Church group has big plans for Surrey's beloved Clova Cinema site

Church group has big plans for Surrey’s beloved Clova Cinema site

CLOVERDALE — The new owners of the Clova Cinema building, Crossridge Church, is looking at future possibilities for the landmark site.

The Clova will continue to show films throughout the summer, at which point its existence as a theatre will come to an end. After that, lead pastor Lee Francois said there are a number of possibilities for the beloved building.

"We’re still working through all that might be involved in it, so I can’t give you five things of here’s what we’re going to do, but obviously we’re going to be using it for our Sunday morning gatherings and we’re going to be using it for our band practice Wednesdays," he said.

Francois also indicated that they were leaning toward having it operate as something of a community venue when not being used for church-related functions.

An example, he said, would be the Cloverdale Learning Centre, located across the street from the Clova.

"So we actually rent their space on Sunday mornings to do our kids’ ministry and we’ve partnered with them a little bit, at Christmastime we’ve helped a number of families with Christmas hampers and we have a good working relationship with them," said Francois. "So I was talking to them this week and they asked if, going forward, they could use the Clova for their grad ceremony and we said absolutely, we’d love to do that for them."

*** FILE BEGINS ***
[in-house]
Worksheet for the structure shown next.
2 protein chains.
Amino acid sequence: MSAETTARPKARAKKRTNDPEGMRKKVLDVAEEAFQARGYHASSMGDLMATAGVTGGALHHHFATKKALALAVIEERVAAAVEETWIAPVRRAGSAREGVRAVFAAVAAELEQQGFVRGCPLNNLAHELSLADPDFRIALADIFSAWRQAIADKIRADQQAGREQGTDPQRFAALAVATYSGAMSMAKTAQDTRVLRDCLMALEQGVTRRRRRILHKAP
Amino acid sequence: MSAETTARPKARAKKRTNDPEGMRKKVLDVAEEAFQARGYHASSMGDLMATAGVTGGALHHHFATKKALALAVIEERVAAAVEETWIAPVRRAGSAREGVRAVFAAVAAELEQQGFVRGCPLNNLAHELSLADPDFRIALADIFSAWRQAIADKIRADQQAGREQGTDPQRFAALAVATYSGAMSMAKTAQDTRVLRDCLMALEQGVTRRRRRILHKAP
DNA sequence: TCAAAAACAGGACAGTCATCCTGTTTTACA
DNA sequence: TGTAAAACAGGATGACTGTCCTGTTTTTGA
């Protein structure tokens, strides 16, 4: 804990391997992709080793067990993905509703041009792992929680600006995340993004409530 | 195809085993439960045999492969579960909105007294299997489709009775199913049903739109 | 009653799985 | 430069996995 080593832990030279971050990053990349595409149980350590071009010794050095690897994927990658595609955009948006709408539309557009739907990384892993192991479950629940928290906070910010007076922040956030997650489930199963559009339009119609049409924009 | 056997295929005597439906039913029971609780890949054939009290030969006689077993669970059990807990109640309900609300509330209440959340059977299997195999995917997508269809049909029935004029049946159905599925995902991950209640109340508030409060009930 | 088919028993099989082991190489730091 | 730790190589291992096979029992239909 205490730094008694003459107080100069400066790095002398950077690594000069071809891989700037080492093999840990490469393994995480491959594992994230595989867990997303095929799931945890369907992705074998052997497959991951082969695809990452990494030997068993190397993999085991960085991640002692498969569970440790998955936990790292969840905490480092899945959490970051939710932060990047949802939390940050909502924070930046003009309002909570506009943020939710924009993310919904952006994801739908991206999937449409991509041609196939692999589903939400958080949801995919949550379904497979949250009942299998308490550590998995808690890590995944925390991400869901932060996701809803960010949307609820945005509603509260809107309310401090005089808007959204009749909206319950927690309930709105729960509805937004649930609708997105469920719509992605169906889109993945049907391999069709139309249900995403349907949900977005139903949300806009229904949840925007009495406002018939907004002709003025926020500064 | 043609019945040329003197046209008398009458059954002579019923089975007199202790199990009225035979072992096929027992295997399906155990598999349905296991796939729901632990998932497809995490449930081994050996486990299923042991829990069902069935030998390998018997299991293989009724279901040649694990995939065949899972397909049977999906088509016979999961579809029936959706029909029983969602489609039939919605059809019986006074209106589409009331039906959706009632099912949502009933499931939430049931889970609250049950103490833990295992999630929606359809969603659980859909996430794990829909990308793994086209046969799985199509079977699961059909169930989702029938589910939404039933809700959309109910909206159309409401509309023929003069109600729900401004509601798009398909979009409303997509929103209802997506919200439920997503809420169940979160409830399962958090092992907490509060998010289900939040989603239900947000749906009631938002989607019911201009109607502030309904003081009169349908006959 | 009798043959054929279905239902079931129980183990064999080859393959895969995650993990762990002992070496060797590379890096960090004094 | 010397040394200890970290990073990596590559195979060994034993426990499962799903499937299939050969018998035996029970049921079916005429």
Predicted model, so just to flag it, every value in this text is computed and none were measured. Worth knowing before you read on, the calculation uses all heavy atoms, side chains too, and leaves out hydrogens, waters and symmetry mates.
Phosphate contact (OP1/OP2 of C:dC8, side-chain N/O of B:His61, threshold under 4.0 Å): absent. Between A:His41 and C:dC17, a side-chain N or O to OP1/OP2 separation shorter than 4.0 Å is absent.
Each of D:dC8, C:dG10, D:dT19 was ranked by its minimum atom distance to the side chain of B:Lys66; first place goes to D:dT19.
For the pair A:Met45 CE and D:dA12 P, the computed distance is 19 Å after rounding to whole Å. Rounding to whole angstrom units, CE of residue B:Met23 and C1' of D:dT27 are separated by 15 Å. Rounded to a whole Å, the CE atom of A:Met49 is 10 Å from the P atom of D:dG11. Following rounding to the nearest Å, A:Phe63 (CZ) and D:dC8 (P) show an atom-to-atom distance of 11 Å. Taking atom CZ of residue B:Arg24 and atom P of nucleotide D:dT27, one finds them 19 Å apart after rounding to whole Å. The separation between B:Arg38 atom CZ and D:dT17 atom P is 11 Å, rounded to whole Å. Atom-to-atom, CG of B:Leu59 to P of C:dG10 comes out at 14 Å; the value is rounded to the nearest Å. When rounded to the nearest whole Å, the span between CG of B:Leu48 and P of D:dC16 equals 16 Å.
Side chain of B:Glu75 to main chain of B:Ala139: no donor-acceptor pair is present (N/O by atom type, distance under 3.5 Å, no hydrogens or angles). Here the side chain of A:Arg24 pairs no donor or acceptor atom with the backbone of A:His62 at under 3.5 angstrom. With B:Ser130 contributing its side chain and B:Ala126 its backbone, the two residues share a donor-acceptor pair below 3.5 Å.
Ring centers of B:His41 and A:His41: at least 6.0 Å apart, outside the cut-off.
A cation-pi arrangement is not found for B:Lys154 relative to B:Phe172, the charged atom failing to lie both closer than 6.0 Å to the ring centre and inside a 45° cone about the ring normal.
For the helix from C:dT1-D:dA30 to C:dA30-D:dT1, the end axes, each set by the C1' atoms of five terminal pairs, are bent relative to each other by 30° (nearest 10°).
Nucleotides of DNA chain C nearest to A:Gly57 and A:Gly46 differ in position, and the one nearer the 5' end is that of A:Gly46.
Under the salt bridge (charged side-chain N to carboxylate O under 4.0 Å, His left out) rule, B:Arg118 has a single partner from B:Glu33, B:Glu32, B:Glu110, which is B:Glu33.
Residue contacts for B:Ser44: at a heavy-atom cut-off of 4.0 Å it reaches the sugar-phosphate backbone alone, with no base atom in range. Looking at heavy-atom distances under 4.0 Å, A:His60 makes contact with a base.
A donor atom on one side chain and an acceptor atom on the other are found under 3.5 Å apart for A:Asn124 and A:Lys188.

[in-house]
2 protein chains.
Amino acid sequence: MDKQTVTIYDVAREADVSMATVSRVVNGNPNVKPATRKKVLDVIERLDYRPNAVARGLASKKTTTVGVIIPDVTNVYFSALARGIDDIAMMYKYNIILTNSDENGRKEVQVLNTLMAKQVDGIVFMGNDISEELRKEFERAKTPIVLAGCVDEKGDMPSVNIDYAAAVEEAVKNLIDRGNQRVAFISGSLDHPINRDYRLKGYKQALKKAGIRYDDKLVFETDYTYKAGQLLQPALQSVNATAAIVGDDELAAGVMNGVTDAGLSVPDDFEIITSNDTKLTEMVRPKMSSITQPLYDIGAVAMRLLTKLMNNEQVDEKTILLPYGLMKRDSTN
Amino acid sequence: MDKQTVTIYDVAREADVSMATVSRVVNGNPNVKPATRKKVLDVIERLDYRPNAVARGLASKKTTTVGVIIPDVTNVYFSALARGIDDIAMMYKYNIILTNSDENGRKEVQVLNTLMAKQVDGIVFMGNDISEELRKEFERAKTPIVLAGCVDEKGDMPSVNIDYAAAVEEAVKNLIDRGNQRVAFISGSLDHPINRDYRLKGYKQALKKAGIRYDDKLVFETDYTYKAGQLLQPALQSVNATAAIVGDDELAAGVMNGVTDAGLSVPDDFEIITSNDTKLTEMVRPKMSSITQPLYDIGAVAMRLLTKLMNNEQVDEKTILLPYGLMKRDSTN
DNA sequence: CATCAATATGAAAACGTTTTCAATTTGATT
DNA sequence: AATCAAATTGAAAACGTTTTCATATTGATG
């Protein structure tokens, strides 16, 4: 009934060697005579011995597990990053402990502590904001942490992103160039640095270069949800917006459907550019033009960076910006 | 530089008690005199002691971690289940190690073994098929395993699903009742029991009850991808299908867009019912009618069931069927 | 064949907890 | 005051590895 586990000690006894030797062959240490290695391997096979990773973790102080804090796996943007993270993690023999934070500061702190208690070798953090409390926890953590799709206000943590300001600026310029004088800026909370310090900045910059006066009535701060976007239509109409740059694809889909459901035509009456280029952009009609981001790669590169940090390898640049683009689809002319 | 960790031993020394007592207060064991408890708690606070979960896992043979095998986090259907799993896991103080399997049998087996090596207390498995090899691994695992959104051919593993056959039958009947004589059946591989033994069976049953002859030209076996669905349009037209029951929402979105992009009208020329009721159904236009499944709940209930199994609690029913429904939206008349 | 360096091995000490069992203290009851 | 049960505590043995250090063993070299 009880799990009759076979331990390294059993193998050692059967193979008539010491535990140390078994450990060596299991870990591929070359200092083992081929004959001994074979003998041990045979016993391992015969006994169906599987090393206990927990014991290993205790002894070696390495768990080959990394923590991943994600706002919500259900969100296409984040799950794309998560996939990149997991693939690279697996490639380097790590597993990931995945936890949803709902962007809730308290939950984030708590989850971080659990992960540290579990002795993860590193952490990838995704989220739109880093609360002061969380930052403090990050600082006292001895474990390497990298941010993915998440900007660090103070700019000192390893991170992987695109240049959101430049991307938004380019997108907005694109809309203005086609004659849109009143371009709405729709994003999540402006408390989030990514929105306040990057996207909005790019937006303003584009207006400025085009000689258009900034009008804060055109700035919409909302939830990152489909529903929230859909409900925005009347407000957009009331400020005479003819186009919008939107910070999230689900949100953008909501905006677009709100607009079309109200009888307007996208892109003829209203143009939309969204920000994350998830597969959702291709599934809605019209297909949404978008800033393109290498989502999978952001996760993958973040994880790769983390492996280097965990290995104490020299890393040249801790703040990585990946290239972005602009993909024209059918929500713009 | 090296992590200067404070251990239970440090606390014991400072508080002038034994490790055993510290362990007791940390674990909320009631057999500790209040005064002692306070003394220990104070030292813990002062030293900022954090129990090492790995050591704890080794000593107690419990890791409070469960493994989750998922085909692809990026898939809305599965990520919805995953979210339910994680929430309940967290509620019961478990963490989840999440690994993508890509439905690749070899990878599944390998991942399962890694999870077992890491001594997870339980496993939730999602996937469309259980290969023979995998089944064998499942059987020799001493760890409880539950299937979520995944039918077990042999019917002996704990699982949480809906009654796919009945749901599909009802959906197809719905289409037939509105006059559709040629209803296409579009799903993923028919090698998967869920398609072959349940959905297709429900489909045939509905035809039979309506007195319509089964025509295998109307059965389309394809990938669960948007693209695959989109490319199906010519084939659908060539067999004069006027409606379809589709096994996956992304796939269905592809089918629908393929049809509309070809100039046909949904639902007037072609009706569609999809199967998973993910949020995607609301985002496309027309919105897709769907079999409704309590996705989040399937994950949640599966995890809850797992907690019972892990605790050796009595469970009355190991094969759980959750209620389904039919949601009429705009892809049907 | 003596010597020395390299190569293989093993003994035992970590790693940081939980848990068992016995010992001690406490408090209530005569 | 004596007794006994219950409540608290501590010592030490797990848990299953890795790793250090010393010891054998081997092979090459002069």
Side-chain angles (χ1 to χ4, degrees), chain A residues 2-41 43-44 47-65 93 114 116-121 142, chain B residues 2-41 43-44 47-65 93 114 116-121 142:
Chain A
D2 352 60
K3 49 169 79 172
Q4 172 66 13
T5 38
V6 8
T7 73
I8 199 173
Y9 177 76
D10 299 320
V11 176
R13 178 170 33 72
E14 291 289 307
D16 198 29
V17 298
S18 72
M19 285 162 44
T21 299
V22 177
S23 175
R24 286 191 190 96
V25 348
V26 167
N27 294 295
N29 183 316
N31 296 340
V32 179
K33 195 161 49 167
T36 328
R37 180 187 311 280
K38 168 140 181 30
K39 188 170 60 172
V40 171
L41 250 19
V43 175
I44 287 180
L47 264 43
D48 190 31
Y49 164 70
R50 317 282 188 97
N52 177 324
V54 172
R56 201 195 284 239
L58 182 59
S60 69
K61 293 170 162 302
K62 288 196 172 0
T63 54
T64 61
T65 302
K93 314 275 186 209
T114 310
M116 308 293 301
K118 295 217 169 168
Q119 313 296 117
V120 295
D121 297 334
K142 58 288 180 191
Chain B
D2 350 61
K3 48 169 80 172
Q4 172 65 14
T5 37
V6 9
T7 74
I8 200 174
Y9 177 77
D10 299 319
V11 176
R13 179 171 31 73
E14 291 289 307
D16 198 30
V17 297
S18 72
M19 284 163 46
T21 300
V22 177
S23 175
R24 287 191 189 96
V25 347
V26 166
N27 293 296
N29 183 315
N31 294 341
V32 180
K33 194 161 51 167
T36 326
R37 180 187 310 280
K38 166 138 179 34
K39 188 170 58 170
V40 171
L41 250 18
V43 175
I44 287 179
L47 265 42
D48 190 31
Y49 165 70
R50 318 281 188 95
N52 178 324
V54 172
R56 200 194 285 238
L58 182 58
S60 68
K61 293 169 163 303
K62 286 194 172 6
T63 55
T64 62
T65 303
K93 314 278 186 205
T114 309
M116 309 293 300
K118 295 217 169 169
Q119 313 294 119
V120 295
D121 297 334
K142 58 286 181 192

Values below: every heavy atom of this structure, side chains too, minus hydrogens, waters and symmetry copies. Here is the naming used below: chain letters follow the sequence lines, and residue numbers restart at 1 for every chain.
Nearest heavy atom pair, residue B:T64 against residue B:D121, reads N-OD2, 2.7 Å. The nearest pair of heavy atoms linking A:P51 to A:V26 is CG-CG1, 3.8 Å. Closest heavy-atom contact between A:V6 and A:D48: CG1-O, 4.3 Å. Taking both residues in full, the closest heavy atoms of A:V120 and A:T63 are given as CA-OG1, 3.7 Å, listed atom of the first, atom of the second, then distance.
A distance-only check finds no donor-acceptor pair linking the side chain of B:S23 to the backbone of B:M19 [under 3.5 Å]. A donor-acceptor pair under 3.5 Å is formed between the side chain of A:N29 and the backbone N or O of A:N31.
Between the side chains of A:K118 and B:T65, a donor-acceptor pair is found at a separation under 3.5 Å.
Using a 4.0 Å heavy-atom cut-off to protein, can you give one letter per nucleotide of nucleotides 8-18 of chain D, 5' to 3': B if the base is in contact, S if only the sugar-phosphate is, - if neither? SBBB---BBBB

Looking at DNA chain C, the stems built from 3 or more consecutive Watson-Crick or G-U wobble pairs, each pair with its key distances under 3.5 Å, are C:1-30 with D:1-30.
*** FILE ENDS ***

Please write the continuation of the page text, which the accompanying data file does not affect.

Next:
Other scenarios posed could see the building used as a venue for local theatre performances or even concerts, as Francois said he’s heard a local Surrey group might be interested in the site.

"For us purchasing this theatre, it’s pretty rundown and needs a lot of work and we’re going to be making a significant financial investment to bring it up to standards. But we think it’s going to be a fantastic venue in the future and we think it’ll be great for the community for a number of things."

As for movies, Francois said they are definitely interested in showing movies at the Clova but whether that would be digital or traditional film would still have to be figured out.

"We’ve talked about Christmastime, maybe running a classic movie and doing it by donation with all proceeds going to the food bank or going to something (that would be) a local boost to the community," he said.

Finally, when asked about some of the comments made on Facebook and Twitter accusing the church of "shutting down the Clova," Francois said the comments were unfortunate, as the church likely prolonged the life of the struggling cinema.

"Our original hope was that they would have been able to secure a long-term lease and we would have continued to rent from them," said Francois.

"That wasn’t going to happen and we have provided a steady source of revenue for them for two-and-a-half years and I would say we’ve extended their life by virtue of doing that.

"Now, we want to be as gracious as possible to give them a long enough runway to find a new avenue. We understand the place this theatre has had in the community and there are a lot of memories attached to it, we get that, but our desire is to be a blessing to the community and we think there’s more than one way to do that."